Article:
You know what Docker is. But what is Docker not? What is the opposite of Docker? There are several ways to think about that question, all of which help to highlight Docker’s wide-ranging relevance.
Following is a list of comparisons that people tend to make when discussing Docker and Docker containers.
Docker vs. Virtual Machines
Probably the most commonly discussed opposite of Docker is virtual machines. You frequently hear people talking about “Docker vs. virtual machines.”
This makes sense. If you think of Docker containers as a building block that you can use to create application infrastructure, then they’re an alternative to virtual machines.
Of course, building application infrastructure is not the sole use case for either virtual machines or Docker. But it is a common one for both.
Docker vs. Serverless
Peoples sometimes discuss Docker as an alternative to serverless computing services, such as AWS Lambda.
I don’t think this comparison makes much sense, because there is little overlap between between serverless computing and Docker containers use cases.
However, given the fact that both Docker and serverless computing are among the most-hyped technologies of the moment, it’s perhaps unavoidable that folks would seek to compare them.
Docker vs. LXC
Docker is only one container framework—and it’s by no means the first one. It is just the most commercially successful.
There are several other frameworks for building containers that serve as alternatives to Docker. LXC is the most popular.
Docker vs. Kubernetes
When you start typing “Docker vs.” into Google, “Docker vs. Kubernetes” is the first autocompleted search result.
That’s surprising. Technologically speaking, Kubernetes and Docker containers don’t compete with each other. Kubernetes is a tool that complements Docker.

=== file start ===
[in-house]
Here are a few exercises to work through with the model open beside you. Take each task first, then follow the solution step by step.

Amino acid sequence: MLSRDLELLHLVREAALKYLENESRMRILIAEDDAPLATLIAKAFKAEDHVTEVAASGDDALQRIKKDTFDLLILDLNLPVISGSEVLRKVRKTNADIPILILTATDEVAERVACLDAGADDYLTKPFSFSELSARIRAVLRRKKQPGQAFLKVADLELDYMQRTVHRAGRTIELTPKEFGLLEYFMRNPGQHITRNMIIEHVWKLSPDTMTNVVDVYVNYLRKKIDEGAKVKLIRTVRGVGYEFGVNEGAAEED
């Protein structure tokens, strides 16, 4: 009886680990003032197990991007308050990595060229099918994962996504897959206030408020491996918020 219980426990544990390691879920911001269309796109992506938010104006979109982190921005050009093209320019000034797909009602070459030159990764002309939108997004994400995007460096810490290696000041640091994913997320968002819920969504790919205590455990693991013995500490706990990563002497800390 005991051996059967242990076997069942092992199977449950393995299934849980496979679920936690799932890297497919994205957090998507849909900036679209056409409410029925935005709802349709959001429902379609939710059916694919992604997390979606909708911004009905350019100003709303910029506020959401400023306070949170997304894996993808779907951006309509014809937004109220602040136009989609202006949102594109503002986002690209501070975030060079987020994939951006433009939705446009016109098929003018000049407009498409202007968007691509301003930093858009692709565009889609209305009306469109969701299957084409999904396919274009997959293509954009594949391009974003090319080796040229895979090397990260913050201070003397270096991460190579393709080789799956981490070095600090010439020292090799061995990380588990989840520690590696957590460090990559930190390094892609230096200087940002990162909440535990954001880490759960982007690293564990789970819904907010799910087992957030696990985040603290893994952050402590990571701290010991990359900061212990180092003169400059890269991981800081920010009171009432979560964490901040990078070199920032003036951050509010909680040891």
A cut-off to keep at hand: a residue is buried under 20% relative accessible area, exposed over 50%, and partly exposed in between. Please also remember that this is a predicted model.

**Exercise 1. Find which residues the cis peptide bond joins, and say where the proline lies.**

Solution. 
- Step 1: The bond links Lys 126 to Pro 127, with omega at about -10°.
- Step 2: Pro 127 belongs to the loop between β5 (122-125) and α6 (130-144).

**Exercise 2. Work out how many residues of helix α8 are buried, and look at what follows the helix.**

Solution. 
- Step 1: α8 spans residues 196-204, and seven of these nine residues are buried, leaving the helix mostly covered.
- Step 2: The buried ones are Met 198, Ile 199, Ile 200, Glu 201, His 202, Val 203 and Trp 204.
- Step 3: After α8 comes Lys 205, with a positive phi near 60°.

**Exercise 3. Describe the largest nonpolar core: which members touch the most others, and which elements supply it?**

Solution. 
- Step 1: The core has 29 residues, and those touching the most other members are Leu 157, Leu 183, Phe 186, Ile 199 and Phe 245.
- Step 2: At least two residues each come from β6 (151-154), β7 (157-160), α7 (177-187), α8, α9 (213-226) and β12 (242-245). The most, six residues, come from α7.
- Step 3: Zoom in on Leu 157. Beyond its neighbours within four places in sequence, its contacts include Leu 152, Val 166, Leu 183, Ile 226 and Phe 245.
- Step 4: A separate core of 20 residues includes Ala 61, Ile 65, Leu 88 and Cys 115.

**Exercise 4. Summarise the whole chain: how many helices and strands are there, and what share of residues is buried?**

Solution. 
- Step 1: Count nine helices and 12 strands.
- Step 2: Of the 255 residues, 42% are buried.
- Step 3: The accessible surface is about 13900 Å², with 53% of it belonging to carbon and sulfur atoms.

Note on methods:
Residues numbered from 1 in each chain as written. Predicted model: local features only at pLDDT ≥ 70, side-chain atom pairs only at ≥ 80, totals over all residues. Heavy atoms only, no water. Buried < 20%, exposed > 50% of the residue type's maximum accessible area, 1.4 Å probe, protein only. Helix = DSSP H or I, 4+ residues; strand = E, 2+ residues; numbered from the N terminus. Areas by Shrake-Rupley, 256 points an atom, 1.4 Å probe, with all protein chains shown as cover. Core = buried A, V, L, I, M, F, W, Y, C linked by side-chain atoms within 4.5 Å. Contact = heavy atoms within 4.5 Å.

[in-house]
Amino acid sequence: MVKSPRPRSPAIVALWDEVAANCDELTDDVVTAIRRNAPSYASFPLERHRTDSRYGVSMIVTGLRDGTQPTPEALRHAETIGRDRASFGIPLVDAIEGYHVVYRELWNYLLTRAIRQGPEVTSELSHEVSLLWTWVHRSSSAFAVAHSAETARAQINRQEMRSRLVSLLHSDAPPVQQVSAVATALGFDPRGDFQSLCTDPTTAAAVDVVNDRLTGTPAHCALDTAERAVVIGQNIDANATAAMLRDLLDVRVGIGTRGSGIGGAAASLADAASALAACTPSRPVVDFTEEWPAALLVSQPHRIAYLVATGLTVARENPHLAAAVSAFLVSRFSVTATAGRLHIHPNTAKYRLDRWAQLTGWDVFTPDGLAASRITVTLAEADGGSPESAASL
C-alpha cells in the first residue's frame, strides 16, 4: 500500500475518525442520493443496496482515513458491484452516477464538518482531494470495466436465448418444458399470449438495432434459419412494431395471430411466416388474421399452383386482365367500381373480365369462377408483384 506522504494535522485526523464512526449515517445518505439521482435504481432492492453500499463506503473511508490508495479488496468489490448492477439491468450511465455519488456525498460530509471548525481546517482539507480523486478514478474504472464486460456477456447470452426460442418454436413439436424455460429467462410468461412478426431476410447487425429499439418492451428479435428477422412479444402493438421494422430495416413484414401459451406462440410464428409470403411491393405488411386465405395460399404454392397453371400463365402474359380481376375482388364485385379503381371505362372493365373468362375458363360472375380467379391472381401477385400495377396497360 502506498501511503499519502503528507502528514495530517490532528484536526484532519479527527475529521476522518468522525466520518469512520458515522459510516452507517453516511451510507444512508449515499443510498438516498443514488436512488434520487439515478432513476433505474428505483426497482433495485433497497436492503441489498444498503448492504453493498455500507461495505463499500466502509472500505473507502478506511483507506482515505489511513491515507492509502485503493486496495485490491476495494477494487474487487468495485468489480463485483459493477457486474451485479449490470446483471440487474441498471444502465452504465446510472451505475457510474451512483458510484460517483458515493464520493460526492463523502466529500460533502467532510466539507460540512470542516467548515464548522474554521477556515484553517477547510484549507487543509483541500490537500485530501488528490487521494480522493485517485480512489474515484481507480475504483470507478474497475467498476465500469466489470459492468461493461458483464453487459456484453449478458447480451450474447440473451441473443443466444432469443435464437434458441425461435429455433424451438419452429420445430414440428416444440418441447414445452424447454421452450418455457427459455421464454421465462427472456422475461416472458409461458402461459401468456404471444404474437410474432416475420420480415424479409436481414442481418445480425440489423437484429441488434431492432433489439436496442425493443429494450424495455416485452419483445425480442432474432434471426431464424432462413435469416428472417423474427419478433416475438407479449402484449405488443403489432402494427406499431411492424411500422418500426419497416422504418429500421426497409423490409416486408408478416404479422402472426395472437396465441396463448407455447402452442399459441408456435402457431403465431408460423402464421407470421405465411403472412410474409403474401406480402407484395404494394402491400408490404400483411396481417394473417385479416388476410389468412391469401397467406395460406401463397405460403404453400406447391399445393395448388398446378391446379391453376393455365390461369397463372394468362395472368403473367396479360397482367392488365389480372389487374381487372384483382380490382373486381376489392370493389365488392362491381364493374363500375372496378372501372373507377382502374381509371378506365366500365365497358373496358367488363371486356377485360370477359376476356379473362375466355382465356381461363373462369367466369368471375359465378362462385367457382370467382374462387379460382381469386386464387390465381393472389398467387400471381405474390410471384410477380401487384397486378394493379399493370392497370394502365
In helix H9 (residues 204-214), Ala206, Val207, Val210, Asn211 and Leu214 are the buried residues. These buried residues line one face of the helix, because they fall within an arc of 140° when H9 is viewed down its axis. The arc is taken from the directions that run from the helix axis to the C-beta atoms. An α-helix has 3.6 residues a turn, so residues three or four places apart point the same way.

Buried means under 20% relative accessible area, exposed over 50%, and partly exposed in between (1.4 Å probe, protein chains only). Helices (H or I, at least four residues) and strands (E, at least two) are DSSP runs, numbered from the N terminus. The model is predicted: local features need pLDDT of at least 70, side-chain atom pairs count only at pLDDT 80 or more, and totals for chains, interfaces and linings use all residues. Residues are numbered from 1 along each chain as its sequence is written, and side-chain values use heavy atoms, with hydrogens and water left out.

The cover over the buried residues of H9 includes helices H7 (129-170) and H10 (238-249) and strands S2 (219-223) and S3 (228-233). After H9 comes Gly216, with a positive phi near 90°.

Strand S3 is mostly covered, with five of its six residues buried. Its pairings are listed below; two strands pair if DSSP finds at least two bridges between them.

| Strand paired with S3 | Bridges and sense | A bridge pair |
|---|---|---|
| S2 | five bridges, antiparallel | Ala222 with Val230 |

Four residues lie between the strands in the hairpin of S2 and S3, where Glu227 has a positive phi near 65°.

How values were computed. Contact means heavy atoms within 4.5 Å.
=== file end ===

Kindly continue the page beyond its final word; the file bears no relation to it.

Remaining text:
From a market or industry perspective, however, this search suggestion makes sense. Docker the company competes with companies that back Kubernetes. But the competition centers around orchestration tools, rather than the core container engine.
Docker vs. Wine
Curiously, “Docker vs. Wine” is also on Google’s autocomplete list for “Docker vs.” searches.
I assume that people performing this search are interested in comparing Docker containers to Wine, the application compatibility layer that allows you to run some Windows applications on Linux.
This is interesting because Docker containers don’t allow you to run Windows applications on Linux at all. Discussions such as “Docker vs. Wine” suggest that there is fundamental confusion among some people about what Docker does.
Clearly, there are many different ways to think about the technologies Docker competes with or serves as an alternative to.
While some of these Docker comparisons make more sense than others, they all underline how much awareness of Docker containers has risen in the four years since Docker’s launch. We now think of Docker not just as an alternative to virtual machines, but to a range of other technologies (and, for that matter, companies) as well.